A young man patrolled the rickety wooden grandstand of Athletic Park in Vancouver. He sold peanuts before expanding his business to include hot dogs. He sold the ballpark favourite with a memorable sing-song pitch.
"A loaf of bread, a pound of meat, and all the mustard you can eat," he bellowed in a rich tenor. So mellifluous was his voice they called him Caruso Nat.
Nat Bailey eventually made enough money from hustling goobers and hot dogs to get a Model T truck from which he sold snacks and sandwiches to tourists in Stanley Park. In 1928, he opened his first restaurant way out along south Granville at W. 67th Ave. It was a drive-in, claimed to be the first of its kind in Canada. Seven years later, he opened a sit-down restaurant next door in a building styled like a log cabin from which he advertised chicken dinners. (The birds were raised on a farm in Surrey known as Chicken City.) Bailey called his restaurants White Spot.
While he made a fortune as a restaurateur, he did his best to lose it as a baseball impresario. For years, Bailey fronted a group of local businessmen who kept professional baseball alive in the city, even as the rise of television in the 1950s killed off minor-league baseball as a business. Why pay admission to see prospects when you can watch the game's biggest stars -- Aaron and Williams, Mays and Mantle, the Duke and Harmon Killebrew -- on TV for free? Pro ball found a home in Vancouver only because Bailey kept reaching deeper into his pockets. He also financed dozens of Little League teams in the city.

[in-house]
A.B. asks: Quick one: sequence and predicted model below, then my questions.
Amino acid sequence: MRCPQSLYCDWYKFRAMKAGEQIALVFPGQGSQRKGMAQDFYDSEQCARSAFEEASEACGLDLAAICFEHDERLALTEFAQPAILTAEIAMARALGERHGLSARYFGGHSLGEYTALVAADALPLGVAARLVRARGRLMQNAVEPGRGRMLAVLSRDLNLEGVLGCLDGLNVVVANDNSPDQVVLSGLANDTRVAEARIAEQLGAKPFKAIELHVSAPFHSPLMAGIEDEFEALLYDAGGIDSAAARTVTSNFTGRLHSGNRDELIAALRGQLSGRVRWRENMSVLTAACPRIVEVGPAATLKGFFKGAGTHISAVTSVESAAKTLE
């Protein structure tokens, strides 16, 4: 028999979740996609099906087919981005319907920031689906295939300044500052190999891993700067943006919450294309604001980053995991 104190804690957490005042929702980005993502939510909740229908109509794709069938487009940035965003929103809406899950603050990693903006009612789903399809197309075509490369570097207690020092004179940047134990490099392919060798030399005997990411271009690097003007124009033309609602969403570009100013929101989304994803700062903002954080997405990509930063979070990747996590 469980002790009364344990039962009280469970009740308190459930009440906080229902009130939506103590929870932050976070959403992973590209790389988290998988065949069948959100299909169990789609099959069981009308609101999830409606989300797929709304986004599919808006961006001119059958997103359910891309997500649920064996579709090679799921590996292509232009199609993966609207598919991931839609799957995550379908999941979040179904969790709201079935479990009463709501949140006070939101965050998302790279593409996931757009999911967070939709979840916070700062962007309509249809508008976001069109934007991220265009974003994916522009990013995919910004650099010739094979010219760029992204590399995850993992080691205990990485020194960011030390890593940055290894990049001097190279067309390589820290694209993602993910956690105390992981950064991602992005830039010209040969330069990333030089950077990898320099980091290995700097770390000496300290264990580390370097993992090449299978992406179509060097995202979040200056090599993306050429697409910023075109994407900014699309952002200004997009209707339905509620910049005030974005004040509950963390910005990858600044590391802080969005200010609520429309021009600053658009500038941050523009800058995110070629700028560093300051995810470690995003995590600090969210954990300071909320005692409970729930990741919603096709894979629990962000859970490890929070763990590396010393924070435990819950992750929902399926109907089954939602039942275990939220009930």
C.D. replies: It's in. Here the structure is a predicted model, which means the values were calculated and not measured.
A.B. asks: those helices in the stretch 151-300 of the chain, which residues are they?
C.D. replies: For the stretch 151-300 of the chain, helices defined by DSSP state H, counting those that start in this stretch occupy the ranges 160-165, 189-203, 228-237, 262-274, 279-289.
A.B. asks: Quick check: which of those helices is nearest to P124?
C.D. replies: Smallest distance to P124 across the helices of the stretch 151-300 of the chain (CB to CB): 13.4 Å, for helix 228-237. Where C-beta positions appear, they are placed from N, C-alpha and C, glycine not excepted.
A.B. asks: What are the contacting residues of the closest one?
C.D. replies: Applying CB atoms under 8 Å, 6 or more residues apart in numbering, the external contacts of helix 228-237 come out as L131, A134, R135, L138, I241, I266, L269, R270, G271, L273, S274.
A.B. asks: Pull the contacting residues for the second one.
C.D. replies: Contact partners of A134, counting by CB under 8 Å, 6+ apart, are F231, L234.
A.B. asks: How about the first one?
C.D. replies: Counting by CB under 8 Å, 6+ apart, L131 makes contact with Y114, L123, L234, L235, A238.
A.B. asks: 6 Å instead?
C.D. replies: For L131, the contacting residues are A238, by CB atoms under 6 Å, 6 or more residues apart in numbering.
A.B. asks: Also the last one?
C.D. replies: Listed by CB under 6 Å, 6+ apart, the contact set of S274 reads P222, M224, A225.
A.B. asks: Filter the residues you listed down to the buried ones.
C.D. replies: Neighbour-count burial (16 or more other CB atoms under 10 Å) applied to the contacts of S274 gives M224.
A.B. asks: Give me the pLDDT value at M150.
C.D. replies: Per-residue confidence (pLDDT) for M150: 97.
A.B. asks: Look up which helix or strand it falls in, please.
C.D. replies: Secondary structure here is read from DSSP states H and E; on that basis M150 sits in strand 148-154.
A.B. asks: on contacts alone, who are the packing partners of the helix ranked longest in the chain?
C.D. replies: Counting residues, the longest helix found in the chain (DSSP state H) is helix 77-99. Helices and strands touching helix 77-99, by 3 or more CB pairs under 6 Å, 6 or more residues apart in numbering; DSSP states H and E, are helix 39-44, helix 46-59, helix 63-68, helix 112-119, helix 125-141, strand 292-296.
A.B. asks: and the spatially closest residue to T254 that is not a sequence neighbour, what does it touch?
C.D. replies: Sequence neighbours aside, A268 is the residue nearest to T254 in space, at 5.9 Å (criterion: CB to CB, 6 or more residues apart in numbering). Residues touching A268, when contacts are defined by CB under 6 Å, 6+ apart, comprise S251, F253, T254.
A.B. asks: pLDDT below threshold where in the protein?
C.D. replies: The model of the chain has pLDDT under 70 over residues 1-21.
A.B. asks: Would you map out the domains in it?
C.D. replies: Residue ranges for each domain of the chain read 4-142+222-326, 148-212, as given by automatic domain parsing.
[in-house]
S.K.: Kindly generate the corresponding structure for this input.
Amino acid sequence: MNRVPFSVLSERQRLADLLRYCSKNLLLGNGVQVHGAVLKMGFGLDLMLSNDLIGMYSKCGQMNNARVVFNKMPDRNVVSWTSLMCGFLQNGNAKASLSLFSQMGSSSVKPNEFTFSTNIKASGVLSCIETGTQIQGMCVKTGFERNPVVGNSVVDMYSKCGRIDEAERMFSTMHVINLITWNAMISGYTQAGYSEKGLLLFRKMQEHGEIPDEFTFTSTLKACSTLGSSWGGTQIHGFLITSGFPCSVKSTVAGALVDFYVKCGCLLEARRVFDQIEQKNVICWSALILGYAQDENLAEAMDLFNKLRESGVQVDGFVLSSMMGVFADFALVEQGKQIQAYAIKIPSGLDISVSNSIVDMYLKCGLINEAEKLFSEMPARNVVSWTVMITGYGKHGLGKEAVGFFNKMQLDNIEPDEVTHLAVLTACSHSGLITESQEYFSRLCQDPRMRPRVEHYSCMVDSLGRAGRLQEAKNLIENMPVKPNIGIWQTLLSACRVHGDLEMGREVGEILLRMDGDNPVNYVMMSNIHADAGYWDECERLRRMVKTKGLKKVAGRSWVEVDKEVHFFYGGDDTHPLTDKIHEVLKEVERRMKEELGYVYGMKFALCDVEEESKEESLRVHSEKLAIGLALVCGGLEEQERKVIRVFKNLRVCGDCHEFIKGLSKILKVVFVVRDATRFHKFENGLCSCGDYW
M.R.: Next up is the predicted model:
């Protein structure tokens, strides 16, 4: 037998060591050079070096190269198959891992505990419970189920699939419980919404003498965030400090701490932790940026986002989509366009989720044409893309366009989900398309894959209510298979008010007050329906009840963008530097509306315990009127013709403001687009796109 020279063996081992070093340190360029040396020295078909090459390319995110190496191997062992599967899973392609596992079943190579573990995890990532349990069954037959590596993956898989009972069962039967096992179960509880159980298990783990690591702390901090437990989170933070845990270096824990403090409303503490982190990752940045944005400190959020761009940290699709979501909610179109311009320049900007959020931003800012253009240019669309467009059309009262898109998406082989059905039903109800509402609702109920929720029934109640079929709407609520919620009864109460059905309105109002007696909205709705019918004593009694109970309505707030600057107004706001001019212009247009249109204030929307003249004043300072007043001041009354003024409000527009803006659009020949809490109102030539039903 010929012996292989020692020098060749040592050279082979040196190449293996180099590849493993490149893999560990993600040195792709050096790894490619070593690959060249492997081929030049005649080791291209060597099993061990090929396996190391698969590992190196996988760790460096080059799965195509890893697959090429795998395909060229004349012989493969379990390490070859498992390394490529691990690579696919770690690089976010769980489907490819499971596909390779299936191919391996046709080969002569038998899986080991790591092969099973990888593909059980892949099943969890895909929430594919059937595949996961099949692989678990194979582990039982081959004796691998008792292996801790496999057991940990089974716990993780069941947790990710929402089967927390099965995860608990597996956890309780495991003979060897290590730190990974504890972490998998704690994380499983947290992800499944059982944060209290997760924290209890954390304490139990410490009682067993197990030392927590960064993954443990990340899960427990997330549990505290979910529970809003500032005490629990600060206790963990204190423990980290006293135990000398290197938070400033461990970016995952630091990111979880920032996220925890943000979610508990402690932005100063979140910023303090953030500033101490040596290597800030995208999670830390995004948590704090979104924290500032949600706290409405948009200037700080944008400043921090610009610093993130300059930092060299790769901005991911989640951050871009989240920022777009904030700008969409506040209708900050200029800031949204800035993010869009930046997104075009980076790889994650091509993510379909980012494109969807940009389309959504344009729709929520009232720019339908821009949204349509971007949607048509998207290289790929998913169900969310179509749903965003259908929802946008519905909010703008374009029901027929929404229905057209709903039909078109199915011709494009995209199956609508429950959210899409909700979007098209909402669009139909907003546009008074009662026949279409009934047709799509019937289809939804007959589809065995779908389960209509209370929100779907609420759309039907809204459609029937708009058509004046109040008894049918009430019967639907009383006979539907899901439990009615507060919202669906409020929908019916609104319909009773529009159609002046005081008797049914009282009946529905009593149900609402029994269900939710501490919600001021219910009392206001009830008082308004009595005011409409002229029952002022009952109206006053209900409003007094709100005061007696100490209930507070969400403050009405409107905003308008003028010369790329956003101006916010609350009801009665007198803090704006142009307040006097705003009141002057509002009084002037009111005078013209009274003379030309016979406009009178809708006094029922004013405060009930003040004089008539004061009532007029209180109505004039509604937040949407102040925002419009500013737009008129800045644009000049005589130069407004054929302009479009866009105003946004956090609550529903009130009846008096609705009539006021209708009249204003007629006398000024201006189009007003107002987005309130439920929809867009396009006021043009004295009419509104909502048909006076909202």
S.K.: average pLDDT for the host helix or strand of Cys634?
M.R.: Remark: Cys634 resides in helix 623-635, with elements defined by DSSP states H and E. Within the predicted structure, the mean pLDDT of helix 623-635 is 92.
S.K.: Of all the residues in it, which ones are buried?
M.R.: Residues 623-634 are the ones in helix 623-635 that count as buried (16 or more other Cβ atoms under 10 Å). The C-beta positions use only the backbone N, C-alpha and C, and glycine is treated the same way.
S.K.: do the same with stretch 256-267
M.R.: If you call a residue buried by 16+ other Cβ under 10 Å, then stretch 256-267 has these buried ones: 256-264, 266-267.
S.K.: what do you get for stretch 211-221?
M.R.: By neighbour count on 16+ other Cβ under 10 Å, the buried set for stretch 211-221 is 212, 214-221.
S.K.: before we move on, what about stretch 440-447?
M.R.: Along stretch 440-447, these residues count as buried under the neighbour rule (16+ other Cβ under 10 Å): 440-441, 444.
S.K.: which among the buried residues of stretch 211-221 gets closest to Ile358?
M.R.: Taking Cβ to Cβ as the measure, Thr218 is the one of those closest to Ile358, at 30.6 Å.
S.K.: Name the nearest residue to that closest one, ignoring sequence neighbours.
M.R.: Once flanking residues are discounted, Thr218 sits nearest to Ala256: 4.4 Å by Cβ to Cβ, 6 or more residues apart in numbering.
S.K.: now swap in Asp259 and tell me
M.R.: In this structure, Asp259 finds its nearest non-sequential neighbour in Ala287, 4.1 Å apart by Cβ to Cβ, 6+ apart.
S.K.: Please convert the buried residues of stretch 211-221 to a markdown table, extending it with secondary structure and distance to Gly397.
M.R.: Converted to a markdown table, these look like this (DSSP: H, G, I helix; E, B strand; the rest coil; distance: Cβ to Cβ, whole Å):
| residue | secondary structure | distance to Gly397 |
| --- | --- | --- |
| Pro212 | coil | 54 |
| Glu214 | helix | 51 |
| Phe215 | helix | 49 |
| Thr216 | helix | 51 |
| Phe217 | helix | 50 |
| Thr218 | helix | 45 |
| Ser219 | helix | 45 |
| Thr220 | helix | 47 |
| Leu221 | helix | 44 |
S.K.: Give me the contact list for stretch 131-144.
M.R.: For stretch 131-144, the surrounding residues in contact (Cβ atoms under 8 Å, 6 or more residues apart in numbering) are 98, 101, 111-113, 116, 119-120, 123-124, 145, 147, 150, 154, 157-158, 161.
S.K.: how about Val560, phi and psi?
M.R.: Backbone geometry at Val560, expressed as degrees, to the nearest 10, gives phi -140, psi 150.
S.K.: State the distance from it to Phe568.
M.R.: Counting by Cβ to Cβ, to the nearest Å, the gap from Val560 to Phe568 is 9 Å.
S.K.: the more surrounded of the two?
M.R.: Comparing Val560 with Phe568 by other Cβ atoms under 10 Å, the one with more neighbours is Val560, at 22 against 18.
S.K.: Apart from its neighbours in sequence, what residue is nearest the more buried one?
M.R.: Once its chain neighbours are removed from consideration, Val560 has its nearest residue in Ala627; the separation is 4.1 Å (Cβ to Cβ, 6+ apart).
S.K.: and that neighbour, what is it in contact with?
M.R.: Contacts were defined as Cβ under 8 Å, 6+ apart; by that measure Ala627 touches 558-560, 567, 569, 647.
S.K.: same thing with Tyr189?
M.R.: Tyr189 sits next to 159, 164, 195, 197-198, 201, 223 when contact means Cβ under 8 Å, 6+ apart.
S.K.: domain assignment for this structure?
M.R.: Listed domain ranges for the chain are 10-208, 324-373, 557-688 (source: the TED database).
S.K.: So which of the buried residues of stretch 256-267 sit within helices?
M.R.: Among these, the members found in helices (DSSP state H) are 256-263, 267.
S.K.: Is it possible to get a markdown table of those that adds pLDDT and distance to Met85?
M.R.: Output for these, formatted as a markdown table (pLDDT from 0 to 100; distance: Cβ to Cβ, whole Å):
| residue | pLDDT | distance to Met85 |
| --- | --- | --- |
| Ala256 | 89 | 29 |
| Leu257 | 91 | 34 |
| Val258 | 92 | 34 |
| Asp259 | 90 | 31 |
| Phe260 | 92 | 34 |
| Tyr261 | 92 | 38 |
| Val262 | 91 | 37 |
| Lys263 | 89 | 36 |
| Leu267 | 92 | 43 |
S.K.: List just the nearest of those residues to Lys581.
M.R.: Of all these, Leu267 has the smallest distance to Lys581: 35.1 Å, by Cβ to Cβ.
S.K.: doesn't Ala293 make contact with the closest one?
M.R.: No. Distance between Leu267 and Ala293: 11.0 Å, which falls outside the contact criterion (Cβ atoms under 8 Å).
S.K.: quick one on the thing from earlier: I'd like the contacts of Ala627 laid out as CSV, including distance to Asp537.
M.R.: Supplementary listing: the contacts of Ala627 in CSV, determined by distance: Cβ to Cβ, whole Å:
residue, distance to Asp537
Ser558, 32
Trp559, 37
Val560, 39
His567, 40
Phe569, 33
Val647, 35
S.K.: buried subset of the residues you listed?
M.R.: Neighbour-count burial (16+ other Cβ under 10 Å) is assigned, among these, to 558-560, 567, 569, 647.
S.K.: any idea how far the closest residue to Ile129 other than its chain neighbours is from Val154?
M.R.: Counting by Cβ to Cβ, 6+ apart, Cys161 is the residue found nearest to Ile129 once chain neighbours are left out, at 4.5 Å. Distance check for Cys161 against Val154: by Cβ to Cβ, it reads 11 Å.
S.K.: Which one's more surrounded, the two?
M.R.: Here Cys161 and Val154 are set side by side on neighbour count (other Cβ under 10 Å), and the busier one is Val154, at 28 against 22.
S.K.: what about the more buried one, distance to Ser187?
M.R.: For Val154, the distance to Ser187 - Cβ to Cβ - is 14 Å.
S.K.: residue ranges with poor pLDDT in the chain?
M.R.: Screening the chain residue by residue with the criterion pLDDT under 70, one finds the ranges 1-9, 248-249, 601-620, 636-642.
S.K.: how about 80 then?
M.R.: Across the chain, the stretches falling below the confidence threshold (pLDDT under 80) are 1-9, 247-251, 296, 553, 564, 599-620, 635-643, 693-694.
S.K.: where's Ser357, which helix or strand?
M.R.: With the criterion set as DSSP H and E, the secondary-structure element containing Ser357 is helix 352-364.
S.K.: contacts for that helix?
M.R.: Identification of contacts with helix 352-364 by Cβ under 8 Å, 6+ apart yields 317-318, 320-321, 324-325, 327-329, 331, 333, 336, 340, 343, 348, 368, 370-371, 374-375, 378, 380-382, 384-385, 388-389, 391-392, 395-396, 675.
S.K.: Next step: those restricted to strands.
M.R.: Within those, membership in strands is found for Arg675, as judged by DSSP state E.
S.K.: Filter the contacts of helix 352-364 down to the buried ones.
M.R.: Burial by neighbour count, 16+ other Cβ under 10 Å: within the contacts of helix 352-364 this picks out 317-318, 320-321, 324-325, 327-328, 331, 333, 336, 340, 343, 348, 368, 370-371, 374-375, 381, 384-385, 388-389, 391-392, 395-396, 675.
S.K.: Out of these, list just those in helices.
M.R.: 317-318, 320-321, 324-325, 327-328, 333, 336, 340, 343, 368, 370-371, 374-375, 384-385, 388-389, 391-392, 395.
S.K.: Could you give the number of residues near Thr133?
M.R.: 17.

Bailey will get his posthumous reward Thursday morning when the Canadian Baseball Hall of Fame announces his induction. It is a deserved honour, as he joins Bob Brown in the shrine at St. Marys, Ont., known as Canada's Cooperstown. Both Bailey and Brown were known as Mr. Baseball in this city.
A plain losing proposition
Nat Bailey's name now graces the prettiest ballpark in the land, a bandbox snuggled in the lee of Little Mountain.
Back in 1956, he headed the syndicate that purchased the Oakland Oaks, bringing Pacific Coast League baseball to Vancouver's Capilano Stadium. The new club was named the Mounties.
Their first manager was Lefty O'Doul, who placed himself in as a pinch-hitter in the final game of the 1956 season. The opposing manager brought his outfielders to the infield. O'Doul managed to drive a pitch over their heads and leg it all the way to third base, getting the final hit of a storied career at age 59. In 1959, the Mounties fielded a team of major-league calibre including Marv Breeding, George Bamberger, and a young Brooks Robinson. Despite the talent, the club finished one and a half games behind the Salt Lake City Bees. As it turned out, the Mounties never would win a pennant.
The franchise sputtered along for a dozen seasons (suspending operations for 1963 and 1964), years remembered more for on-field incidents (including a bat-swinging brawl) then for on-field exploits. The teenaged clubhouse attendant was permitted to be the starting pitcher of the final game of the 1968 season. The Mounties closed shop after the 1969 season, during which they had been a farm team for the Montreal Expos and Seattle Pilots, both sad-sack expansion teams whose rosters were filled with castoffs and rejects.